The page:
Rhodah Wanjiru is the academy manager of Bridge, Lamu having joined the academy in 2014, “because I wanted to be part of the change that Bridge was promising,” she explains. At 26-years-old, Rhodah is now an academy manager, meaning that she has a lot of responsibility in the running of her academy.
Rhodah is from Lamu herself, making the plight of the academy all the more personal to her. She is particularly passionate about the education of girls she says, and is pleased that Bridge is making it a priority. “Bridge has impacted the community by providing life-changing education,” Rhodah explains, “They’ve helped to improve literacy levels in my community, and our pupils are now shining bright!”
That isn’t to say the job hasn’t been challenging at times, Rhodah candidly admits, highlighting drug abuse within the community as a problem she’s working hard to combat. However, the job has been extremely rewarding, because she says: “Bridge has a desire to change the lives of our children, which has been their driving force.”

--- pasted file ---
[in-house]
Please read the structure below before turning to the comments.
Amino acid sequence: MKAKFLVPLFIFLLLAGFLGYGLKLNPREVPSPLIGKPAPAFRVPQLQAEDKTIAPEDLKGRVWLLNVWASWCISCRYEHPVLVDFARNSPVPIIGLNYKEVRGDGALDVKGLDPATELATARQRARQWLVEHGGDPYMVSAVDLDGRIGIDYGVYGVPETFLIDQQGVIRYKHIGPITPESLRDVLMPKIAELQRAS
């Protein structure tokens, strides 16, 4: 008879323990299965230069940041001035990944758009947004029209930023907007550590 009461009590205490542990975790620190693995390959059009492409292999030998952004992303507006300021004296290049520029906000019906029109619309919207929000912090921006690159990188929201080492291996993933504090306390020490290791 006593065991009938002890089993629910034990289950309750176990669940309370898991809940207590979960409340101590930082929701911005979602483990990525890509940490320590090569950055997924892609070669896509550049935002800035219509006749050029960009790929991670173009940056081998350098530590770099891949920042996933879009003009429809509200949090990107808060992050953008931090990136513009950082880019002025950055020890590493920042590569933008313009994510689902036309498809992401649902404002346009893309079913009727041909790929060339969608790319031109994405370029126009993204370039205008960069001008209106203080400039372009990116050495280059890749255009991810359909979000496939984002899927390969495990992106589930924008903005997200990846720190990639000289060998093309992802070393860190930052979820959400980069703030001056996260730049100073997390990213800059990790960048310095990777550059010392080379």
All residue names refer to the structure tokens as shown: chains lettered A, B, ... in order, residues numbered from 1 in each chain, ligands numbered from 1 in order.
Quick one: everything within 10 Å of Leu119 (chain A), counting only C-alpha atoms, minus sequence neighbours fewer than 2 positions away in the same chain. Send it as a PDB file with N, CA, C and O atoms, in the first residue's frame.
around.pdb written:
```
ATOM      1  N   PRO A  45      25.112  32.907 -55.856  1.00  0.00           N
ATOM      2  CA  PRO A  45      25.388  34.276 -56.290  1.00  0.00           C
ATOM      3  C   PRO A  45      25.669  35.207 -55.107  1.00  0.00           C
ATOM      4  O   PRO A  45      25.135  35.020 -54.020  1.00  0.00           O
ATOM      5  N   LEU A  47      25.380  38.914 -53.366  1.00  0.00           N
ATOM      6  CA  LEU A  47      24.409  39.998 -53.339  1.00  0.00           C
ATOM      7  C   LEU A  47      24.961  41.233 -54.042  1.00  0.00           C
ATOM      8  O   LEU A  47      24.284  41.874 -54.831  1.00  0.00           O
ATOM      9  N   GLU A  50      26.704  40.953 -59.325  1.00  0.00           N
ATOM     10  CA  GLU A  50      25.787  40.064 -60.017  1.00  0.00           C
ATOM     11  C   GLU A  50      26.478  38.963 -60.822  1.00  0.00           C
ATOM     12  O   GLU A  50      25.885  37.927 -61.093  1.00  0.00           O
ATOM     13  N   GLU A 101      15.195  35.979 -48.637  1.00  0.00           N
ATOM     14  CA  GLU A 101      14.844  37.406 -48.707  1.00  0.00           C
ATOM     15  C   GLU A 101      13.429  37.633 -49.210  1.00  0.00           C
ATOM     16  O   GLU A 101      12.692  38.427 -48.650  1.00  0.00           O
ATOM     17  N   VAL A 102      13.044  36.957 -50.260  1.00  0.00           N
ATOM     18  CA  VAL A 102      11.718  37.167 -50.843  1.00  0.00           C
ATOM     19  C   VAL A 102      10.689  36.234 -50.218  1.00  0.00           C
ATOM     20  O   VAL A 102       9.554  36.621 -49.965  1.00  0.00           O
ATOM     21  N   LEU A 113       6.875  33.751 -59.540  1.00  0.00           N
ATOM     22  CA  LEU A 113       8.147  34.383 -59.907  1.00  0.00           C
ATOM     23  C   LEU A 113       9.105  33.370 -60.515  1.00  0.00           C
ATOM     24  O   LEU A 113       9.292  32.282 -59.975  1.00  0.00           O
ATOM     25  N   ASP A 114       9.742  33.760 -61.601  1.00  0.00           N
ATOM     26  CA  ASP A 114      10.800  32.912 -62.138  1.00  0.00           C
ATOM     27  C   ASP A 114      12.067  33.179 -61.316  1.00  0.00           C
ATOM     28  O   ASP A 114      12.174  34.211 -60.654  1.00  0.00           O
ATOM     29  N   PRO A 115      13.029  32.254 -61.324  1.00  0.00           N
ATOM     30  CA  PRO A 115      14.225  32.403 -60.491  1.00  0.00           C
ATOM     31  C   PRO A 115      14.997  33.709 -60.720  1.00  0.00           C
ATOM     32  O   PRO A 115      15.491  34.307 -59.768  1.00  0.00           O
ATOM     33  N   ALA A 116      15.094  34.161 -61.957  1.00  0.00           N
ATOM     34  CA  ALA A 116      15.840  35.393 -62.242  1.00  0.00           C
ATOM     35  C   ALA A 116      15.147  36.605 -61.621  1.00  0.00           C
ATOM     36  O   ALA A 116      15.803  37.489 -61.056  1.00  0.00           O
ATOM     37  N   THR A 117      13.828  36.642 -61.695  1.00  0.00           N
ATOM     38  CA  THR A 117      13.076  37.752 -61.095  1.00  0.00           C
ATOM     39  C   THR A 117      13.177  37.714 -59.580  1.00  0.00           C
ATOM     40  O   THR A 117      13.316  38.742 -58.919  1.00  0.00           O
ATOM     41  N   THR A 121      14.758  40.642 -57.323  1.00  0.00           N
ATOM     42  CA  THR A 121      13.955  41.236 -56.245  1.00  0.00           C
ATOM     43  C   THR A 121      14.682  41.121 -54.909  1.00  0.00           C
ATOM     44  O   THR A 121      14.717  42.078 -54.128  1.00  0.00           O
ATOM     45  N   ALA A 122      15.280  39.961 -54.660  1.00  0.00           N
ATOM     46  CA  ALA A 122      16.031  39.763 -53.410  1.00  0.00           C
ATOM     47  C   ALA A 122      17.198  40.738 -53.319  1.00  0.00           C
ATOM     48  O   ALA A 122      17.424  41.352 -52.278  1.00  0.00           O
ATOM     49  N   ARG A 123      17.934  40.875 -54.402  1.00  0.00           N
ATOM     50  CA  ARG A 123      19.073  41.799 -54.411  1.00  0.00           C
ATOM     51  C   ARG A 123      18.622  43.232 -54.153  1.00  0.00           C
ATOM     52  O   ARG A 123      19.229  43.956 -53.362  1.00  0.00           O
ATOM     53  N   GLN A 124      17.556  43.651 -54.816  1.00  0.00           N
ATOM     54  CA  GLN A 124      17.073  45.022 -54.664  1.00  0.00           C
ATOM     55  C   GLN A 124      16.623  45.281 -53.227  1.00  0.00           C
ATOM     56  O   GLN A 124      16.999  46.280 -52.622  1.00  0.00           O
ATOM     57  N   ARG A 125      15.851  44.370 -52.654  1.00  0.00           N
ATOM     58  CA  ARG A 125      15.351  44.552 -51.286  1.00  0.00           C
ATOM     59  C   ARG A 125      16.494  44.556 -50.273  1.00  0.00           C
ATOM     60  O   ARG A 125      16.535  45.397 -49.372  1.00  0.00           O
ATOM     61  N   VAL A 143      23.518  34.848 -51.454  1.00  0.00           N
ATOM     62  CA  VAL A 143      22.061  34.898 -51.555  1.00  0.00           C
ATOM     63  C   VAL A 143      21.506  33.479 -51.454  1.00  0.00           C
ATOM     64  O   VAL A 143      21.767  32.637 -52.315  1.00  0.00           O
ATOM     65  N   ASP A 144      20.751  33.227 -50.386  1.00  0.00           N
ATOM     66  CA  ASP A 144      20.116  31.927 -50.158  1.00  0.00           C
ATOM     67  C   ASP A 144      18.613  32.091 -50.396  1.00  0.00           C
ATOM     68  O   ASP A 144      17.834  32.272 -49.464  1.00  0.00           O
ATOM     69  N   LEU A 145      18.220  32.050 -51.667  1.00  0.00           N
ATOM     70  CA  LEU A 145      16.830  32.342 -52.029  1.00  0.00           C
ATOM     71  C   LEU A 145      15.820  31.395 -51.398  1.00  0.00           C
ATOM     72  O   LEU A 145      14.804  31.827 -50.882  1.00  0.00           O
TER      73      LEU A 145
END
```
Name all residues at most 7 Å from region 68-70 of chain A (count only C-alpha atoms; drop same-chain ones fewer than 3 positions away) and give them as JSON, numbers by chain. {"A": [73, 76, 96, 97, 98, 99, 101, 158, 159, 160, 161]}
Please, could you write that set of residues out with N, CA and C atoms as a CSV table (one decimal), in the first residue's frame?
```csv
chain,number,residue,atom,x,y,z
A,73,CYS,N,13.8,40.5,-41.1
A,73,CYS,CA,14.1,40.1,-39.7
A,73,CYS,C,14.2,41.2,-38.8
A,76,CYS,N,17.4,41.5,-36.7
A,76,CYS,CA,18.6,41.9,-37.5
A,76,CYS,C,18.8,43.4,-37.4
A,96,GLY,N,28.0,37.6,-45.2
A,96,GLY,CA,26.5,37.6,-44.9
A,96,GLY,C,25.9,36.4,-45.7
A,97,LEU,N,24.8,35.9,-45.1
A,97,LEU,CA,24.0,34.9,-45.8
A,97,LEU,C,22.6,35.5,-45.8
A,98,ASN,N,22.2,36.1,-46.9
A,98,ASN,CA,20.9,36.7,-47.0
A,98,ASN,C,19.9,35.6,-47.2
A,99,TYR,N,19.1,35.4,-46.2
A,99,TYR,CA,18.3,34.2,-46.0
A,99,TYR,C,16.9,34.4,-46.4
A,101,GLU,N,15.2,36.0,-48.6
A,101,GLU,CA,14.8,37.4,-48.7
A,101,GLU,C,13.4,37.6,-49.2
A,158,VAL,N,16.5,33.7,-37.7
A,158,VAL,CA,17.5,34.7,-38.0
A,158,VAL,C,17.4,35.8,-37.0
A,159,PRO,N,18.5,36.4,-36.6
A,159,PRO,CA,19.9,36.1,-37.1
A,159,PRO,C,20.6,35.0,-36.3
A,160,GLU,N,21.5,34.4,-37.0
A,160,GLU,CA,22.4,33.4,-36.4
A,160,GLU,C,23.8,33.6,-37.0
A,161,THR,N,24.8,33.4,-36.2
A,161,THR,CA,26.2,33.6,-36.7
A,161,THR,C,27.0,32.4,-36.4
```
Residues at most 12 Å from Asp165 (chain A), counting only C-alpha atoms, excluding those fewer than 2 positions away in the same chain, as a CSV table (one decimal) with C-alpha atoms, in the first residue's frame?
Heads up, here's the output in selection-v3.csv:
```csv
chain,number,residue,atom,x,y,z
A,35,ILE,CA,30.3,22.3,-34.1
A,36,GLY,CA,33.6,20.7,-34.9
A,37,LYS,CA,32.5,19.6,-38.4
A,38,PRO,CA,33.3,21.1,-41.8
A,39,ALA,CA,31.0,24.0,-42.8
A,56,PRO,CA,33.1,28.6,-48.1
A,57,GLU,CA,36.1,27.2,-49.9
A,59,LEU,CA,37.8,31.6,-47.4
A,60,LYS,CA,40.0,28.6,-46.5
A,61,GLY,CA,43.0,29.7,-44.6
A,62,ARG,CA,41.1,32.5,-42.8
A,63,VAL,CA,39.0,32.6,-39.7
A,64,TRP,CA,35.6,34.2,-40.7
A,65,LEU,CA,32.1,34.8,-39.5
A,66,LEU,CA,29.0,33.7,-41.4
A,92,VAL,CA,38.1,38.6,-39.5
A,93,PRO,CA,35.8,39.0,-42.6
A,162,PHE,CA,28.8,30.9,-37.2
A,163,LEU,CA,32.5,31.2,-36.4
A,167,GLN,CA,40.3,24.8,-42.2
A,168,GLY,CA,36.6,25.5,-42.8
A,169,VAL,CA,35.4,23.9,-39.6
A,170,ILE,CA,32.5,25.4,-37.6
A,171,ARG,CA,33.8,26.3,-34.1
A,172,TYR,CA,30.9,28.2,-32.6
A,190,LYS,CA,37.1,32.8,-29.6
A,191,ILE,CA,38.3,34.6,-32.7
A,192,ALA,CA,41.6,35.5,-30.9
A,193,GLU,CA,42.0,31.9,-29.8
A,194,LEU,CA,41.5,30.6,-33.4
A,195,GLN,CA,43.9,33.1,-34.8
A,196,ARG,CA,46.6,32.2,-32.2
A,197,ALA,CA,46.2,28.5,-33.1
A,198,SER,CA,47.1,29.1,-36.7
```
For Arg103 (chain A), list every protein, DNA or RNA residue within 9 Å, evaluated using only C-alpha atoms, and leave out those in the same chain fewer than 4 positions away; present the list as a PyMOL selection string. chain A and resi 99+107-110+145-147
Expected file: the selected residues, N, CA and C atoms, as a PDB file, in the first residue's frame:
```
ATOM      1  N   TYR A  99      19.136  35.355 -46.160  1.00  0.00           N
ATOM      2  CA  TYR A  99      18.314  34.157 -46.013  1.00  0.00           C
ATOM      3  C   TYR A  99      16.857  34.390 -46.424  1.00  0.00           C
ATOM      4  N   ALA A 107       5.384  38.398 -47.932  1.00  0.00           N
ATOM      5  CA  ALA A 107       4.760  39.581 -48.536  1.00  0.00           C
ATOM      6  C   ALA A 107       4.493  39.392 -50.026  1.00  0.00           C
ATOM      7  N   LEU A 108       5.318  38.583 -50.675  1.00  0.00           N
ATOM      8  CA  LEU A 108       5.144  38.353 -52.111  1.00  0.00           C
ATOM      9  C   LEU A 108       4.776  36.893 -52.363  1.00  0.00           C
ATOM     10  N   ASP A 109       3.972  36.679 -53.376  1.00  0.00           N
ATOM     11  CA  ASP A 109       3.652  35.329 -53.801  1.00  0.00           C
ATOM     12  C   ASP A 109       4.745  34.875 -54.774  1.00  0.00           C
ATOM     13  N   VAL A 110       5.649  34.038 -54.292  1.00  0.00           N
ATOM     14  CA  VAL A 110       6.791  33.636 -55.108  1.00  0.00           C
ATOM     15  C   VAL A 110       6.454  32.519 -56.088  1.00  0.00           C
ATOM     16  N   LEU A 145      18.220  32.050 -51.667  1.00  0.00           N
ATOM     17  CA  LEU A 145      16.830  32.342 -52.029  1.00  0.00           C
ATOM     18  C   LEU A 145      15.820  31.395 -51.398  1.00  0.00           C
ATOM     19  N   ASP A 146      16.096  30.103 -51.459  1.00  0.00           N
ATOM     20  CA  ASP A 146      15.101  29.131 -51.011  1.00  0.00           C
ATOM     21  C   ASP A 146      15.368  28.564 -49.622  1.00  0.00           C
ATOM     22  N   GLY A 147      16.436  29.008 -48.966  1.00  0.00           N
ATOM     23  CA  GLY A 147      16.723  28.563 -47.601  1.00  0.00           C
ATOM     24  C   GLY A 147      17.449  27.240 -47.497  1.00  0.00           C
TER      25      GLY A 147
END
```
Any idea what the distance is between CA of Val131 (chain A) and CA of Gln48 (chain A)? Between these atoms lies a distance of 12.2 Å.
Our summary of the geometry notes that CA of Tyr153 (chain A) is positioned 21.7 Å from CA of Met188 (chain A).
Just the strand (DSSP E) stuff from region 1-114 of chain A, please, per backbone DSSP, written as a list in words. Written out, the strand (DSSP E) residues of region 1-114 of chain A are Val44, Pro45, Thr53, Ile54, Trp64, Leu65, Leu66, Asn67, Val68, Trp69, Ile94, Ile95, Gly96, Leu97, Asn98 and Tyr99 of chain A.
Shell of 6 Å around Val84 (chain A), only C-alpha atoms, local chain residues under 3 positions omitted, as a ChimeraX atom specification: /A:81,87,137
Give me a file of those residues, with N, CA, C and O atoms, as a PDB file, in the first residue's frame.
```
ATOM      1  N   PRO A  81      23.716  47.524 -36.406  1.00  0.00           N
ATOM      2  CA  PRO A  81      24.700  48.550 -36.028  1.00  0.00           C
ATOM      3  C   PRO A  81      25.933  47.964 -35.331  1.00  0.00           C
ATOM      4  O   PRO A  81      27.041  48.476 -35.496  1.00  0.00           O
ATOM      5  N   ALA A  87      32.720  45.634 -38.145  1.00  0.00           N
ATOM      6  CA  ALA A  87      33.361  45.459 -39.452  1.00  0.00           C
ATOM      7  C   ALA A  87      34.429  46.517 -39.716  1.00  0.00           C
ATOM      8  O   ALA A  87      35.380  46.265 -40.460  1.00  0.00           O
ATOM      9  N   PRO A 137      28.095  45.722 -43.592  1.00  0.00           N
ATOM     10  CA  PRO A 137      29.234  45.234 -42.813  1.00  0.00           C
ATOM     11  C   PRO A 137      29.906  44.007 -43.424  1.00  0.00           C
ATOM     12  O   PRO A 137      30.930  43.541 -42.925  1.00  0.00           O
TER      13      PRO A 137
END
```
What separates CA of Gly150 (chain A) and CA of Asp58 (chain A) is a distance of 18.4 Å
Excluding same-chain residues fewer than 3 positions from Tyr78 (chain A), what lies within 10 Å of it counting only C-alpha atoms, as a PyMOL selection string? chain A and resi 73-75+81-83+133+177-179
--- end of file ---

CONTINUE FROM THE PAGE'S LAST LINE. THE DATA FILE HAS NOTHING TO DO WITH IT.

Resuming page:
Rhodah is quick to point out that she couldn’t do any of it without the brilliant team of teachers behind her. “My relationship with my teachers is great,” she says, “We work together, we crack jokes and above all we respect each other.” The Board of Management, a parental committee, is also a crucial component in the running of her academy.
She is clearly intensely proud of the achievements of her pupils. Although she has a busy job as academy manager, she also finds the time to teach English because it’s her favourite subject, and says she feels “inspired” when she sees her pupils chatting in English. “What I love about my pupils is that they welcome change and are always willing to learn new things. Their thirst for education motivates me, and I’m optimistic that they’ll perform excellently in their KCPE this year,” she smiles.
Rhodah has been ensuring that learning doesn’t stop once kids leave the classroom. Valuing the importance of team sports, Rhodah hosted zonal football games at her academy, and managed to take the team up to compete at County level!
Rhodah believes that “education is the key” to a good life. She’s disappointed by the critics of Bridge who she feels don’t understand the work being done. “We need to educate them, and then they’ll join us!” she promises. With her own child just starting off in Bridge baby class, Rhodah is excited about what the future holds for her pupils. “They are all stars!” she says.